Long before the era of streaming, HBO was considered the premier destination for high-quality original shows. With its streaming service HBO Max, that content has been combined with a huge back catalog of popular shows and movies, including Friends, Rick and Morty, Sesame Street, the Lord of the Rings and Harry Potter movies, and almost every Studio Ghibli film. Last year, the streaming service also released movies like Godzilla vs. Kong, Dune and The Matrix Resurrections the same day they were available in theaters -- at no extra charge.
All of these perks come at a high price: $15 a month -- more than competitors like Netflix, Hulu and Disney Plus. But those who want to save a little cash now have another option: HBO Max with Ads, which costs $10 a month and promises only about four minutes of ads per hour.
I tried out both versions of HBO Max, ads and no ads. Here's how the two plan options differ.
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If you're used to watching live TV with commercials, or basic Hulu, the ad breaks on HBO Max with Ads won't be a big deal for you. In my tests, ads were relatively infrequent, but the number varied depending on what I watched.
The ad load was lightest with shorter comedies. During episodes of Friends and The Nanny (both coming in at under 30 minutes), I saw one 15-second ad at the start, and had two more ad breaks for about 30 to 45 seconds each in between. That's far less than you'd get on network TV.
Movies were a bit more hit-or-miss: Harry Potter and the Sorcerer's Stone had nine ad breaks over its 2 hour, 32 minute running time, ranging from 30 seconds to one minute each. Before and after each ad break was a 5-second "be right back" animation, which I found to be an annoying time-waster. But that screen didn't appear on any of the other shows or movies I watched, except for Harry Potter and the Chamber of Secrets. (I tried a few more kids' movies like Space Jam and Scooby Doo, but their ad breaks didn't have this, so maybe it's Potter-specific.)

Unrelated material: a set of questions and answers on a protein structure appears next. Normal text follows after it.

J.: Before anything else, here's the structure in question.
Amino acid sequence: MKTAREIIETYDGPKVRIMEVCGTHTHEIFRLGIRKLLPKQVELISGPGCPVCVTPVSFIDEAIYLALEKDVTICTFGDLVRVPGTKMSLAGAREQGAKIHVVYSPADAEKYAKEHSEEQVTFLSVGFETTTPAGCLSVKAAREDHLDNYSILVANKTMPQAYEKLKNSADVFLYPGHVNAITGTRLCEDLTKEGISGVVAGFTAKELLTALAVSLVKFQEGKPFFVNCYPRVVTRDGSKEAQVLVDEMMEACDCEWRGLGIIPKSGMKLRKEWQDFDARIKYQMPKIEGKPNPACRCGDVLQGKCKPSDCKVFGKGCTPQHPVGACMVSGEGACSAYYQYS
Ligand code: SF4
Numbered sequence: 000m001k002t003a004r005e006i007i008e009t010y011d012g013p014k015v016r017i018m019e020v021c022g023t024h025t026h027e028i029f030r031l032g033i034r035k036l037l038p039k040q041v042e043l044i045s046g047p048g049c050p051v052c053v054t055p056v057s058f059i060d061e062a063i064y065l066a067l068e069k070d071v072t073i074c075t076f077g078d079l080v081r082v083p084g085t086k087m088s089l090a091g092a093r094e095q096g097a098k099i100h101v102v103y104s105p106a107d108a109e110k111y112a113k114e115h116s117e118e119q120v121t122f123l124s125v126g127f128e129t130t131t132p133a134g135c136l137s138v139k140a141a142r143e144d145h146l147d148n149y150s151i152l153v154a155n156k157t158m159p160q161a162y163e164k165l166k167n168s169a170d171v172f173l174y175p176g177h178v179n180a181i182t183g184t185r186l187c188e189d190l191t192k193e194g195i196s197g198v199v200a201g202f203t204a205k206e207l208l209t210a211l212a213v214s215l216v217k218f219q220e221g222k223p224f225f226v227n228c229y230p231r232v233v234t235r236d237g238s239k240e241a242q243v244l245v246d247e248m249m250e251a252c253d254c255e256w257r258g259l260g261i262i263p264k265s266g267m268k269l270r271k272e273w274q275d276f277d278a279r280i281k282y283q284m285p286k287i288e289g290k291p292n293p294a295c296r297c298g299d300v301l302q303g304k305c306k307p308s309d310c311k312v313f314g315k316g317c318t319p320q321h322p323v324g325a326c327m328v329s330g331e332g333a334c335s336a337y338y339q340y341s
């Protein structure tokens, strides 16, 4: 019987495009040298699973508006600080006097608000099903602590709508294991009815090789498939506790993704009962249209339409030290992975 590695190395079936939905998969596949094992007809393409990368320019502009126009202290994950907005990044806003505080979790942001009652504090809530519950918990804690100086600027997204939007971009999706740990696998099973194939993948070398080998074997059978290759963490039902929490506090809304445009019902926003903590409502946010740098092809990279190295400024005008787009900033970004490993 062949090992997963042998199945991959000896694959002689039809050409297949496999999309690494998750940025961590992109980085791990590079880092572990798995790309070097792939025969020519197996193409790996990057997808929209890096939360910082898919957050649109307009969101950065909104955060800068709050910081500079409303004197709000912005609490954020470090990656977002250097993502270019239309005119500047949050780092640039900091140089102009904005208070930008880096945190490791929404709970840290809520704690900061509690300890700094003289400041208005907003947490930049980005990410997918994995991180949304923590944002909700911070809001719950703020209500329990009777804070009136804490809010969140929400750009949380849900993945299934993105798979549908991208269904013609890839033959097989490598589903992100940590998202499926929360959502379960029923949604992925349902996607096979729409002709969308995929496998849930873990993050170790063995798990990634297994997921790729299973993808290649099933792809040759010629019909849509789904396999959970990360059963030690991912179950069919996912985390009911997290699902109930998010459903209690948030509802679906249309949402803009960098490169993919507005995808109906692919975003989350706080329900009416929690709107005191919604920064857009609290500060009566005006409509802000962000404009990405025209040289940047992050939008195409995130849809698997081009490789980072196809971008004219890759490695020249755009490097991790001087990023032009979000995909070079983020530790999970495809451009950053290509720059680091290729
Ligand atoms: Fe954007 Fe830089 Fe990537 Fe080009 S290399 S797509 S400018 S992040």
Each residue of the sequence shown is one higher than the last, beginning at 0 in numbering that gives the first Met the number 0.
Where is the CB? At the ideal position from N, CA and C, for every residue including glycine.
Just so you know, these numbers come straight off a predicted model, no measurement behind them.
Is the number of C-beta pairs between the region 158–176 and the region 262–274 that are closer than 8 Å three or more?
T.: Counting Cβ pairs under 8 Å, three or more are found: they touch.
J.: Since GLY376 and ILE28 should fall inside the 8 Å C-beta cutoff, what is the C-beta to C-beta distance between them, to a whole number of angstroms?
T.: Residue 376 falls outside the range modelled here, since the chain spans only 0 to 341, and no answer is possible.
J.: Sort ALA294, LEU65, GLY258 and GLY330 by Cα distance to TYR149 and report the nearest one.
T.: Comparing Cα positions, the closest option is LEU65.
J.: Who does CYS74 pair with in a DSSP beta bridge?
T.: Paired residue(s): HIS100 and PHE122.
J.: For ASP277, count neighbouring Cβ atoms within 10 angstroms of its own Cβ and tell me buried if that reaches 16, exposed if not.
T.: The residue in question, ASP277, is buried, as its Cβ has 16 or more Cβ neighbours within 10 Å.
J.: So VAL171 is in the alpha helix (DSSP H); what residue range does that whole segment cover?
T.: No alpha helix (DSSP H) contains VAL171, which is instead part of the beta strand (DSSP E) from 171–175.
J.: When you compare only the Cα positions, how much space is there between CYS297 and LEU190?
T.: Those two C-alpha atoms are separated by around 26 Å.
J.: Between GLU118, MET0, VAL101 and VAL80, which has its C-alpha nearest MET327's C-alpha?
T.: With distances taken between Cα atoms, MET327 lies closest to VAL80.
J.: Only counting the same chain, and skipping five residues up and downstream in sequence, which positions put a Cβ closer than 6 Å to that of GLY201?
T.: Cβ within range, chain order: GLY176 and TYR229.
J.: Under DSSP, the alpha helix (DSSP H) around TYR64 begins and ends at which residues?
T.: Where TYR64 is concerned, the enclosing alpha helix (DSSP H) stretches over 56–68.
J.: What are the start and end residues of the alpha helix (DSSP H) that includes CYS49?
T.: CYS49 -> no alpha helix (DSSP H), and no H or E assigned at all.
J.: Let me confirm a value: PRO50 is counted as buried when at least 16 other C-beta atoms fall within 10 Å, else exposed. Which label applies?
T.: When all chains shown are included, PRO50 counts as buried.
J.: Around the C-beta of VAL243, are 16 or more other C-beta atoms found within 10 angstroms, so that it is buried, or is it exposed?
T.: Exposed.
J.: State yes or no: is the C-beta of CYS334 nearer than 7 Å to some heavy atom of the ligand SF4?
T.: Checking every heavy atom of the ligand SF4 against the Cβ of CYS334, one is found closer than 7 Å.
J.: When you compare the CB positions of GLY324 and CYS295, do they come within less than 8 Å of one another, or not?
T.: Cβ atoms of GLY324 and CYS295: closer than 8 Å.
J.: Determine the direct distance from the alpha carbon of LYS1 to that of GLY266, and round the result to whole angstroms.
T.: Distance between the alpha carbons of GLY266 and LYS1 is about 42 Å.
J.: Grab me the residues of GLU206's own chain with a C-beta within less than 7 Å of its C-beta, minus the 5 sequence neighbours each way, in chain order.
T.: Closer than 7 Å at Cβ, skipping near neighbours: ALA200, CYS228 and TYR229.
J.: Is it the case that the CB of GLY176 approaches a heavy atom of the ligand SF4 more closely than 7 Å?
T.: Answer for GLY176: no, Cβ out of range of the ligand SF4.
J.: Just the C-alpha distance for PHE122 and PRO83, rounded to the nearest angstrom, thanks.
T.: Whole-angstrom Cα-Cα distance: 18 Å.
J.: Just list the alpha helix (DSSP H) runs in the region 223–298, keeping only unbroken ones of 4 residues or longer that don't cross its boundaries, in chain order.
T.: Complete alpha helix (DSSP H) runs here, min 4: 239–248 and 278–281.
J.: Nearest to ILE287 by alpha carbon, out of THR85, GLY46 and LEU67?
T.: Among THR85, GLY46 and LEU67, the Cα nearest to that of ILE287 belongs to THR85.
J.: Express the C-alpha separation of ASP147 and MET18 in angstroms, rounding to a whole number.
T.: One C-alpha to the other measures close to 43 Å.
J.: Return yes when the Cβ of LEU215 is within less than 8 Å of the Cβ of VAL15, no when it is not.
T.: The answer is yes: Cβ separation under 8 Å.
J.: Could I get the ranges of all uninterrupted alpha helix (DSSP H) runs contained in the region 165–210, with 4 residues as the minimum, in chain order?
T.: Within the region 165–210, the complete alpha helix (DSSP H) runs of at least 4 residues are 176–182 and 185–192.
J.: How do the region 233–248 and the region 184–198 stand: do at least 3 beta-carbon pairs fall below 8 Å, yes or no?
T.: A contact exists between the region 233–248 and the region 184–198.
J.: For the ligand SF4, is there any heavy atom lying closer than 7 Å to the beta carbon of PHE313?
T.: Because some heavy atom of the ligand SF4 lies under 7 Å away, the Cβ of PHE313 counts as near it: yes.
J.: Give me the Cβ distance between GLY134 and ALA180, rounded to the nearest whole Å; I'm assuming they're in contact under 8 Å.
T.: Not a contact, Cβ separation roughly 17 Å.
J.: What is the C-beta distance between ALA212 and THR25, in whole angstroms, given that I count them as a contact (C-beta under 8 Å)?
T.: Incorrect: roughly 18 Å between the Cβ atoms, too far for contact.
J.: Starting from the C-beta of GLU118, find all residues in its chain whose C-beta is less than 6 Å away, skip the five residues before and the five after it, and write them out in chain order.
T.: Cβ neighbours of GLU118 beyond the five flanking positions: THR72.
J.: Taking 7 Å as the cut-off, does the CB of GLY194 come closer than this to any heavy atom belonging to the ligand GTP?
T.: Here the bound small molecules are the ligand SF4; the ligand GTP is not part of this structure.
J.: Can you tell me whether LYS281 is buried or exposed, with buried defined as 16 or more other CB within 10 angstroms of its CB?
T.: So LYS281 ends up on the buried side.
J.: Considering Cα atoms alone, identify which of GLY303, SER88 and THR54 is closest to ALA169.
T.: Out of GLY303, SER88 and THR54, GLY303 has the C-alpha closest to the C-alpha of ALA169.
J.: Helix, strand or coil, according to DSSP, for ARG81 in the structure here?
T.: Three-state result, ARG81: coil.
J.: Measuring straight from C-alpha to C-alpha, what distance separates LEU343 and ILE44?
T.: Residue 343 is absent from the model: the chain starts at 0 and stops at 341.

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Meanwhile, Wonder Woman 1984, Tenet and Oslo had no ad breaks at all. The Friends reunion special had seven ad breaks over the course of its 1 hour, 45 minutes. (You can see how many ad breaks a show or movie has by hitting the fast-forward button on your device -- you'll see small breaks in the progress line, and if you try to skip ahead past one of those breaks, you'll have to watch those ads.)
Even for the movies with more ads, they did go by quickly compared to Hulu's ad-supported tier, which sometimes includes breaks up to 90 seconds long, and Peacock's, which promises about five minutes of ads per hour.
Though the ads didn't bother me much, at $10 a month, HBO Max with Ads is still on the pricier side for a streaming service -- Hulu's ad-supported plan is only $6 a month, Peacock has a free tier, and you can watch Netflix and Disney Plus with no ads for $9 and $8 and month, respectively.
Two big detriments to the ad-supported plan: You lose the ability to download content to your phone or tablet to watch offline, and you won't have access to 4K content. For people who only watch at home, downloads might not be such a big deal, but if you do any traveling, you'll start to miss the option. And the 4K consideration might be dictated by your hardware: If you don't have a 4K TV, you won't be able to watch movies and shows in 4K anyway.
If you don't mind a few ads and want to access all of HBO Max's shows, but don't care so much about those big-screen releases, HBO Max with Ads could be a good way for you to save $5 a month in exchange for a few ads per hour. It may also be a less expensive way for you to try out the service, since it no longer offers any free trial. But if part of the reason why you cut the cord was to have an ad-free experience (and you want mobile downloads and access to these new movies), it might be worth it to pay for the $15-a-month plan.
If you're a longtime HBO fan who expects an ad-free viewing experience, someone who watches most of your shows on ad-free platforms like Netflix, Disney Plus or Amazon Prime Video, or someone who just really hates commercials, the $15-a-month HBO Max plan is probably worth the extra $5. This price is at the high end compared to other ad-free streaming services, but it does cost the same as paying for HBO's traditional channel through most pay-TV providers.
The biggest advantages of the no-ads plan is the ability to download shows and movies to your phone or tablet to watch offline. If you need to stock up on entertainment for a long flight, the pricier plan is the way to go.
This plan is also better for anyone with a 4K entertainment setup. Only the ad-free plan offers shows and movies in 4K, although not all titles will be available in 4K. Major recent films (Dune, The Matrix Resurrections, The Suicide Squad, etc.) are generally a safe bet, though.
If you've been paying for HBO for years and got converted over to HBO Max from the previous HBO Go app last year, keeping your $15-a-month plan with no ads may be worth it for you to continue with that experience and get every perk the service has to offer. (Or you can always try to find someone who pays for this and is willing to share their password with you.) But if you're thinking of signing up for the first time, you might want to consider trying the $10-a-month plan to give it a test run first.
For more, check out the best streaming services of 2022, and the best live TV streaming services for cord-cutters. And, if you're looking to upgrade your current home entertainment setup, we've got advice covering soundbars, universal remotes, big TVs or even projectors.